This article originally appeared as part of a paper on What Works Cities’ Certification program, and on Data-Smart City Solutions To download the paper as a PDF, please click here.
The city of South Bend, Ind.’s notable ability to set strategic goals has improved city government in a major way: helping Mayor Pete Buttigieg deliver on critical priorities and driving structural changes in the way the city addresses problems and services. By setting clear goals that drive work throughout the city, and reporting on those goals to residents, Buttigieg has created a high-performing government that is accountable for results. One outstanding example is the publicly-stated strategic goal of addressing 1,000 vacant or abandoned properties in 1,000 days, which started in early 2013. Mayor Buttigieg wanted to tackle the issue of blight, which residents told him was a priority during his campaign, in a visible way that allowed citizens to track the city’s progress.
The city’s commitment to addressing the vacant properties was measurable and available on the city’s website. Even when the process had issues, the public value was clear. Local media picked up on a bug in the progress tracking system that erroneously showed 100 pending properties as already addressed. The city’s Chief Innovation Officer Santiago Garces said this media revelation led to structural changes in the way that the city was tracking its progress with code enforcement. These changes, which included simplifying inspector checklists, requiring inspectors to take pictures of the properties, and assigning a central data analyst to do quality assurance, allowed the city to “improve the speed at which we were addressing the properties and we actually exceeded the goal that we had set,” Garces said.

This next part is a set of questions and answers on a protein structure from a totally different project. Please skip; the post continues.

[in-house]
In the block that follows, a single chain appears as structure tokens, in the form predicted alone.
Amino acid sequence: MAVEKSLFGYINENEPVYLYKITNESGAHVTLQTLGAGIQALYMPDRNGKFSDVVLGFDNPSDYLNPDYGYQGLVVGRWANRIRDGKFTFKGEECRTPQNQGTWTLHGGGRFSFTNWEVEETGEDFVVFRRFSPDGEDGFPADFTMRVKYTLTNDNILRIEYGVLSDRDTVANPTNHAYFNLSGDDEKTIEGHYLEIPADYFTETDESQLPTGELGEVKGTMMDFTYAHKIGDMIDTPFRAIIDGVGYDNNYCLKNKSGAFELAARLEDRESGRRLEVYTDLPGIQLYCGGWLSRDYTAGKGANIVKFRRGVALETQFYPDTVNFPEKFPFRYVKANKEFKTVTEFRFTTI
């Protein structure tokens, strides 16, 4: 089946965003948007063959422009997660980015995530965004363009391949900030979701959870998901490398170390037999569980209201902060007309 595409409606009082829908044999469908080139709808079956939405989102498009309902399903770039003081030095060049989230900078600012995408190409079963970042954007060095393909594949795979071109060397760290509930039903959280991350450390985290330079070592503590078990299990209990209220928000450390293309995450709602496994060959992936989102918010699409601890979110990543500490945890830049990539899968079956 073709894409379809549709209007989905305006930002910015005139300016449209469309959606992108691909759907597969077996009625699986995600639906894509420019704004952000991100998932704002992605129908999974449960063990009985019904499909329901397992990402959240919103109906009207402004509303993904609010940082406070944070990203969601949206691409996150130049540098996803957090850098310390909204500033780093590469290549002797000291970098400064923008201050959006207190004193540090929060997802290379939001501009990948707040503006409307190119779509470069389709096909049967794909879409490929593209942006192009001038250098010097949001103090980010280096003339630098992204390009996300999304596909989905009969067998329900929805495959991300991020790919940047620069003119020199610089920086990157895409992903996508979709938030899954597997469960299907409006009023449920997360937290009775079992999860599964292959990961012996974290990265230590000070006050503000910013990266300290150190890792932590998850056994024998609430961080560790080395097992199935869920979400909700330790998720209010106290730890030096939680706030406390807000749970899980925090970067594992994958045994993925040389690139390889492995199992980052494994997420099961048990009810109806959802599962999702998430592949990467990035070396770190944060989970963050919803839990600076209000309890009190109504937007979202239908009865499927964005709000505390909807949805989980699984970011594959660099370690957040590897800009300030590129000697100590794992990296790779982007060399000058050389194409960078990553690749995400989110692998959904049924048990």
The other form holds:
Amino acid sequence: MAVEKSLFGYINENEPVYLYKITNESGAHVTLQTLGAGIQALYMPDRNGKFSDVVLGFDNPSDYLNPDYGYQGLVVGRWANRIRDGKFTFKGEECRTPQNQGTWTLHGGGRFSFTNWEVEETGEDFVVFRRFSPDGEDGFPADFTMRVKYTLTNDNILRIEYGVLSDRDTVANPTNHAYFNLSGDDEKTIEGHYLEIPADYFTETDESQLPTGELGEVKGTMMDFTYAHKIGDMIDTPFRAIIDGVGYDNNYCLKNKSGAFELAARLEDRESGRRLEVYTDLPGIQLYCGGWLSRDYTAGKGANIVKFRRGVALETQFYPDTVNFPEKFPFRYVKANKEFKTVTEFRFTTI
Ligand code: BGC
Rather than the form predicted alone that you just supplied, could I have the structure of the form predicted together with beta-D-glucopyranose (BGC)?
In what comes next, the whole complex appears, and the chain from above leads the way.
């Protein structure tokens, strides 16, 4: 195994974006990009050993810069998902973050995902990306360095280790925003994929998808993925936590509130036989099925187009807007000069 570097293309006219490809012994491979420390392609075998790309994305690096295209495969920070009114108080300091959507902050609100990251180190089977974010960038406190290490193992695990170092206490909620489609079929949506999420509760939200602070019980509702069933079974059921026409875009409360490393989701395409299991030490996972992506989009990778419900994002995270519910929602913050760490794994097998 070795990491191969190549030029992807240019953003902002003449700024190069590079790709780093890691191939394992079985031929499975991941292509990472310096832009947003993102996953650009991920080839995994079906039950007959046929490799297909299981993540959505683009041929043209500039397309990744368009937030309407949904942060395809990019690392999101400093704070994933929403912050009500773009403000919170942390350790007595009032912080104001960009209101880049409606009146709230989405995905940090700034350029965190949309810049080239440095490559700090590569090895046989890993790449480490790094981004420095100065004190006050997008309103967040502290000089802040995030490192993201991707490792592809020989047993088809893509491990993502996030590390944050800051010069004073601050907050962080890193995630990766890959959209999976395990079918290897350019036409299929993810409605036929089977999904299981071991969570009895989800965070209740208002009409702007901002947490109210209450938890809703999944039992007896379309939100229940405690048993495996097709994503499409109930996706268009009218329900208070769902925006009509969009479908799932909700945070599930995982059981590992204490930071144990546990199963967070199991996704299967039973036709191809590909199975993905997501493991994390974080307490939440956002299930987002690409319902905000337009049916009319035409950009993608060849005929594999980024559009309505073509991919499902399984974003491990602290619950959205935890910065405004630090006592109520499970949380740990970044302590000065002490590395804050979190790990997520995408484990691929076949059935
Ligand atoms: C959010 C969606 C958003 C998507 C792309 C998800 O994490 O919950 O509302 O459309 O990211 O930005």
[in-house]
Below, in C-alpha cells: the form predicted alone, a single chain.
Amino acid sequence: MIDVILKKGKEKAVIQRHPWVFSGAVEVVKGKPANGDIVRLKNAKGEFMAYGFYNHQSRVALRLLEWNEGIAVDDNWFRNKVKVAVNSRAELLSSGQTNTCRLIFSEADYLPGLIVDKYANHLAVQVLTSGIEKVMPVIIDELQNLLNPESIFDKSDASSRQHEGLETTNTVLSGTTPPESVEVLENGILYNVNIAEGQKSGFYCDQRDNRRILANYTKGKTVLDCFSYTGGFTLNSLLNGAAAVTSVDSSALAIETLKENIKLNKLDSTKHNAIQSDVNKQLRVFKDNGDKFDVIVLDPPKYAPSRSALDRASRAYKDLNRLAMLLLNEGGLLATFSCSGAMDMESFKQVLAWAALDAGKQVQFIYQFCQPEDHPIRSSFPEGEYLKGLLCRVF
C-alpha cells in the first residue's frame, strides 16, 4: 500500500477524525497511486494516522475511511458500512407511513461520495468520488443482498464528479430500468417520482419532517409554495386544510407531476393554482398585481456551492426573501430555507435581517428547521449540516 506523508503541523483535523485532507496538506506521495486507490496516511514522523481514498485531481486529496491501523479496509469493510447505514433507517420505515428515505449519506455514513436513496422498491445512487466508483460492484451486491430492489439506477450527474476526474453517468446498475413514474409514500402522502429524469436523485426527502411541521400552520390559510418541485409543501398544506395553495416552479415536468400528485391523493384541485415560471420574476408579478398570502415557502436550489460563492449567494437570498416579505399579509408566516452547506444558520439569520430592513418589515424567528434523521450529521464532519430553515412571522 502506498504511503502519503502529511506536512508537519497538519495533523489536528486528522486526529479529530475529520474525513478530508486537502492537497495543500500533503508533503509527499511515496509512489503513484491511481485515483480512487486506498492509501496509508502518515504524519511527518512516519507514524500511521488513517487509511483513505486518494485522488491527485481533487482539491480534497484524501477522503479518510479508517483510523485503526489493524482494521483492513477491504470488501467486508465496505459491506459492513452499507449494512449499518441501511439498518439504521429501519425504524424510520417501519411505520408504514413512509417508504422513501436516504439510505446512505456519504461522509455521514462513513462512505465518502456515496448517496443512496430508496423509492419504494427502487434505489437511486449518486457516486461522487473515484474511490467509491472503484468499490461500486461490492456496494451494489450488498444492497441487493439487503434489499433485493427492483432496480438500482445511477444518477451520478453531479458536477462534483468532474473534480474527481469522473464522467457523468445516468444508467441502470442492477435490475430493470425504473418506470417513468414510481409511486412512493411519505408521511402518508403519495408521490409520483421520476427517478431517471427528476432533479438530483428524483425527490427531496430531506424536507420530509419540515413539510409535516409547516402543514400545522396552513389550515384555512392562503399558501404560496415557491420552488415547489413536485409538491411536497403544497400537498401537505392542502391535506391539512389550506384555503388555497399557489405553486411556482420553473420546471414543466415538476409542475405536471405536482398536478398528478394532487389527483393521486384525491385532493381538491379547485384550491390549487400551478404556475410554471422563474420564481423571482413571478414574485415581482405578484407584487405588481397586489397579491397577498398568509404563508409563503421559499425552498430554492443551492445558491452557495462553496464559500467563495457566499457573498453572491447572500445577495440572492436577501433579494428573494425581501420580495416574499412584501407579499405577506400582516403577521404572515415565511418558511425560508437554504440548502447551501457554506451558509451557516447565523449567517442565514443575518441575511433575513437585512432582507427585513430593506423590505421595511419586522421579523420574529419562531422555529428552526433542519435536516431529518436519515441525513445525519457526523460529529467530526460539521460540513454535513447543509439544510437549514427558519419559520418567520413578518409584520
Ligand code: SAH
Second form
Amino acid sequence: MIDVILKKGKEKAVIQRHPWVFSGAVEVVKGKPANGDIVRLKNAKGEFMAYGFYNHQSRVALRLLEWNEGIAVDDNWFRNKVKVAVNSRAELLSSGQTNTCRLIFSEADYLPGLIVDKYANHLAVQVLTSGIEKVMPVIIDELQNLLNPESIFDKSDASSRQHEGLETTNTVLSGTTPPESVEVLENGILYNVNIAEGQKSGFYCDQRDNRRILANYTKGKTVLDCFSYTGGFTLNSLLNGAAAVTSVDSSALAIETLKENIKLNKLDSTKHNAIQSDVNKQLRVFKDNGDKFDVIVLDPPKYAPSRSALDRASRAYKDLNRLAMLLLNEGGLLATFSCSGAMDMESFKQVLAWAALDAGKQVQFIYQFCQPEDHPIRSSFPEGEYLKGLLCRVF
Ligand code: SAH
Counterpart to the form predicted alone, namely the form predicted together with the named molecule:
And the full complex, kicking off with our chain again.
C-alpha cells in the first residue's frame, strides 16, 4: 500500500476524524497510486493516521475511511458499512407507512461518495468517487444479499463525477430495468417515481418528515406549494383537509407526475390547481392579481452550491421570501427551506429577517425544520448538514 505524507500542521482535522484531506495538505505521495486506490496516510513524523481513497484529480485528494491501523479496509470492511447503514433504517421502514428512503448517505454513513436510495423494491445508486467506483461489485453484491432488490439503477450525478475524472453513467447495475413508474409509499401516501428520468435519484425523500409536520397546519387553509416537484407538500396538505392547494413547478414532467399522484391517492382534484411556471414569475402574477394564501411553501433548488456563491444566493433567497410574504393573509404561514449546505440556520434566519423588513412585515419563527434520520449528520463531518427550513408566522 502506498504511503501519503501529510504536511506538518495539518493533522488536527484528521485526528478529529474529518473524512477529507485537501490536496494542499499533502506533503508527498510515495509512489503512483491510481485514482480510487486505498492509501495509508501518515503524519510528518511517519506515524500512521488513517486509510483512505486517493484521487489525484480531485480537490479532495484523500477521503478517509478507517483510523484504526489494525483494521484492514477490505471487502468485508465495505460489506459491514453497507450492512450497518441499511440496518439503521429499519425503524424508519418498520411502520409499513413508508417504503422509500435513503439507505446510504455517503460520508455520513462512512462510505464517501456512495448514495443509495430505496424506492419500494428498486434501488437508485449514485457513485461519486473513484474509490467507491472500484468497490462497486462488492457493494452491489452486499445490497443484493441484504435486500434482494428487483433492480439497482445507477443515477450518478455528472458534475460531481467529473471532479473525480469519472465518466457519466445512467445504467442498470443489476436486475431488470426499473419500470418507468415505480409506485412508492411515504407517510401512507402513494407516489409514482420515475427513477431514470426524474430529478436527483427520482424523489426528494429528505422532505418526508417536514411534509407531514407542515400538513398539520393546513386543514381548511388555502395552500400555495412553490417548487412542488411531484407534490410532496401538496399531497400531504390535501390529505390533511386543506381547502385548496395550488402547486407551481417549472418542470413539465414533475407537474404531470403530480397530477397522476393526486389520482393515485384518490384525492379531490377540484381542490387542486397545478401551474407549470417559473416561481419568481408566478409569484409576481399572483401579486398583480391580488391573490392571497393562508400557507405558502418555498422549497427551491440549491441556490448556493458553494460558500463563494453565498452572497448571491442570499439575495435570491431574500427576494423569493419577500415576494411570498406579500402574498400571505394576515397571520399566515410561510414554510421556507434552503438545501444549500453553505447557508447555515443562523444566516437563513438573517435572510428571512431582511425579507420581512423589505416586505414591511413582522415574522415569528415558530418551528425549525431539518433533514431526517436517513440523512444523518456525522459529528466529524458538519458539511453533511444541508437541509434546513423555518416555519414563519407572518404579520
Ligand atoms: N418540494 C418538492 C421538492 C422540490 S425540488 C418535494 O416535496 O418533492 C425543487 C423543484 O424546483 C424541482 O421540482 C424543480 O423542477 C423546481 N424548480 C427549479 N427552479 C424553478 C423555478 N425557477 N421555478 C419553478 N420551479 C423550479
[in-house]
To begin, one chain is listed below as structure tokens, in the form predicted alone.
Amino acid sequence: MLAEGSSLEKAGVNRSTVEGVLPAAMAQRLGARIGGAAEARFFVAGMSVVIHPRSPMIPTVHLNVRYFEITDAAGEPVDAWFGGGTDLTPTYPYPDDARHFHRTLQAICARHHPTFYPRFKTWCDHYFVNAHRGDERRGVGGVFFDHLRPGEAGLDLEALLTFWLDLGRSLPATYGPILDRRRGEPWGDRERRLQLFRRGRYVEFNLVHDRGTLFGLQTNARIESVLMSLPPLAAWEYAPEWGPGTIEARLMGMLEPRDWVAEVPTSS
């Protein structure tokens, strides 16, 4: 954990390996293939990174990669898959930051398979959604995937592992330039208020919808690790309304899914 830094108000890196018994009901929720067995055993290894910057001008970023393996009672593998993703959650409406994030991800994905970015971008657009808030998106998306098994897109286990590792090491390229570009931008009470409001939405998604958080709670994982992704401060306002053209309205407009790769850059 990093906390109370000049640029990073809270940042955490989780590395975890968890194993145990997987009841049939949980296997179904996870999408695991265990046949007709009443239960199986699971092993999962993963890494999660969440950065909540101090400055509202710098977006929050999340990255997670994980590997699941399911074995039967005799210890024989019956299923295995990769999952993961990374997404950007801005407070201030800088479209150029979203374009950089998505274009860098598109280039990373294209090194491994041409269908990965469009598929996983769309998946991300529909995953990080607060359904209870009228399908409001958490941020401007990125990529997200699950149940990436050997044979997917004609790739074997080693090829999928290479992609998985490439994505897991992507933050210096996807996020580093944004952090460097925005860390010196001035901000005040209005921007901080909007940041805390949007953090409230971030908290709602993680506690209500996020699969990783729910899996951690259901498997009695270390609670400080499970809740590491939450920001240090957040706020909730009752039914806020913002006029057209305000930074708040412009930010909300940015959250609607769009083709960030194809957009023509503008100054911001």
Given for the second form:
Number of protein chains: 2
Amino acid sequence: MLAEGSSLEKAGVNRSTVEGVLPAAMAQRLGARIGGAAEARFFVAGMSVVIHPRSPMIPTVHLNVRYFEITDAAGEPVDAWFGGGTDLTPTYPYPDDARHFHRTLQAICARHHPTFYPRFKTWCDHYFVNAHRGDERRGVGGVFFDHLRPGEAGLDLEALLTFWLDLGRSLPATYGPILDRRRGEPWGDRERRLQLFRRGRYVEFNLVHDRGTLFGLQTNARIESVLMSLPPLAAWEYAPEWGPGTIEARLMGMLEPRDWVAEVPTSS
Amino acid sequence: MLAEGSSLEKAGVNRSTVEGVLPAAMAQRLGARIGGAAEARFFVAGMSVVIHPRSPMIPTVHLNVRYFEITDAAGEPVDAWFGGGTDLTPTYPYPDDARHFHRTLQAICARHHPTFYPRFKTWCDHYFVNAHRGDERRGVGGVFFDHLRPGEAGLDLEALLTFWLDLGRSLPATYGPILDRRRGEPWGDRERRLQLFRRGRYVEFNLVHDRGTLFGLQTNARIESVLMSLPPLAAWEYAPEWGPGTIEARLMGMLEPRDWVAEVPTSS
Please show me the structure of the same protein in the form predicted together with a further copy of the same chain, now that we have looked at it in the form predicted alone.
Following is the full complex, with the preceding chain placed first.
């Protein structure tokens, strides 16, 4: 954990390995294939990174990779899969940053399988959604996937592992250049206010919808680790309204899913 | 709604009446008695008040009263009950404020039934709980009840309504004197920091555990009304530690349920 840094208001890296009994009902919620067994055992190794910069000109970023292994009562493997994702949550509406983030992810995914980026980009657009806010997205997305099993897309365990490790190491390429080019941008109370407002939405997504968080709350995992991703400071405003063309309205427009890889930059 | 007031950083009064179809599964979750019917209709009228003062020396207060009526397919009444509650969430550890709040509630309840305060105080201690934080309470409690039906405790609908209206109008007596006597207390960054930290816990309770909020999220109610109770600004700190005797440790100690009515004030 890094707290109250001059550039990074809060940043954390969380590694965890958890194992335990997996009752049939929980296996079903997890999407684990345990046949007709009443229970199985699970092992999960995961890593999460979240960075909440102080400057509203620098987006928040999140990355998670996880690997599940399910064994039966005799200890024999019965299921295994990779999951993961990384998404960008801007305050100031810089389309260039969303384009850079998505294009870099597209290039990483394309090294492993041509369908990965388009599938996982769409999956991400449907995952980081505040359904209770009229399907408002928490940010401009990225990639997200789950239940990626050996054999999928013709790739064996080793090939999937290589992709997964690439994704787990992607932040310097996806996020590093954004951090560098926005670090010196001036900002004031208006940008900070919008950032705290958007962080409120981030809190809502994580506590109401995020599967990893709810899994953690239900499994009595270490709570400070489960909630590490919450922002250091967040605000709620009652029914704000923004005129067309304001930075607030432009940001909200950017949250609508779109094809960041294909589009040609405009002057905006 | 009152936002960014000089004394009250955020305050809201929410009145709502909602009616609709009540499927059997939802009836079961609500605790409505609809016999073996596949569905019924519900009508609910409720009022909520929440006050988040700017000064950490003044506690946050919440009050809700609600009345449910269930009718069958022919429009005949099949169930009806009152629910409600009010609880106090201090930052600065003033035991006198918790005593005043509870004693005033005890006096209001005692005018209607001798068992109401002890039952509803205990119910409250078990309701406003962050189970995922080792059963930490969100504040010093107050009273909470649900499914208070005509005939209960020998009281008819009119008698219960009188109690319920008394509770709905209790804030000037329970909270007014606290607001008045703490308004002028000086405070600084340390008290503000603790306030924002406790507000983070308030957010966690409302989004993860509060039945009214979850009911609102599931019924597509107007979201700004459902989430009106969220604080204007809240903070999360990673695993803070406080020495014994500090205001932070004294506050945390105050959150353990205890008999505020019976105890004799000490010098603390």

By setting clear goals that drive work throughout the city, and reporting on those goals to residents, Buttigieg has created a high-performing government that is accountable for results.
Other strategic goals laid out by the South Bend city government include ensuring transparency and equity in policing, enhancing physical and technological infrastructure, and addressing mobility. In addition to addressing public concerns and creating action-driven strategic goals, the city consulted with the Drucker Institute to help with the framing of goals as well as the Center for Priority Based Budgeting, What Works Cities, and GovEx. Garces said working with outside groups was critical to build the “operational capacity and framework” and making tangible goals that address public concerns has been critical in building trust with residents.
A key thread running through the strategic goals is the emphasis on reporting progress and critical information to the public. The city is working to create transparency-oriented microsites on the open data portal that will report data and contextual information about specific goals to the public. The first such site, which is set to be released in Spring 2017, will focus on the strategic goal of “making sure the city has a 21st-century police department.” Garces added that these microsites will help the city better tell the story of what the city is trying to achieve and how it is progressing toward that goal.
This article was written in conjunction with Harvard Kennedy School's Eric Bosco, research assistant/writer.
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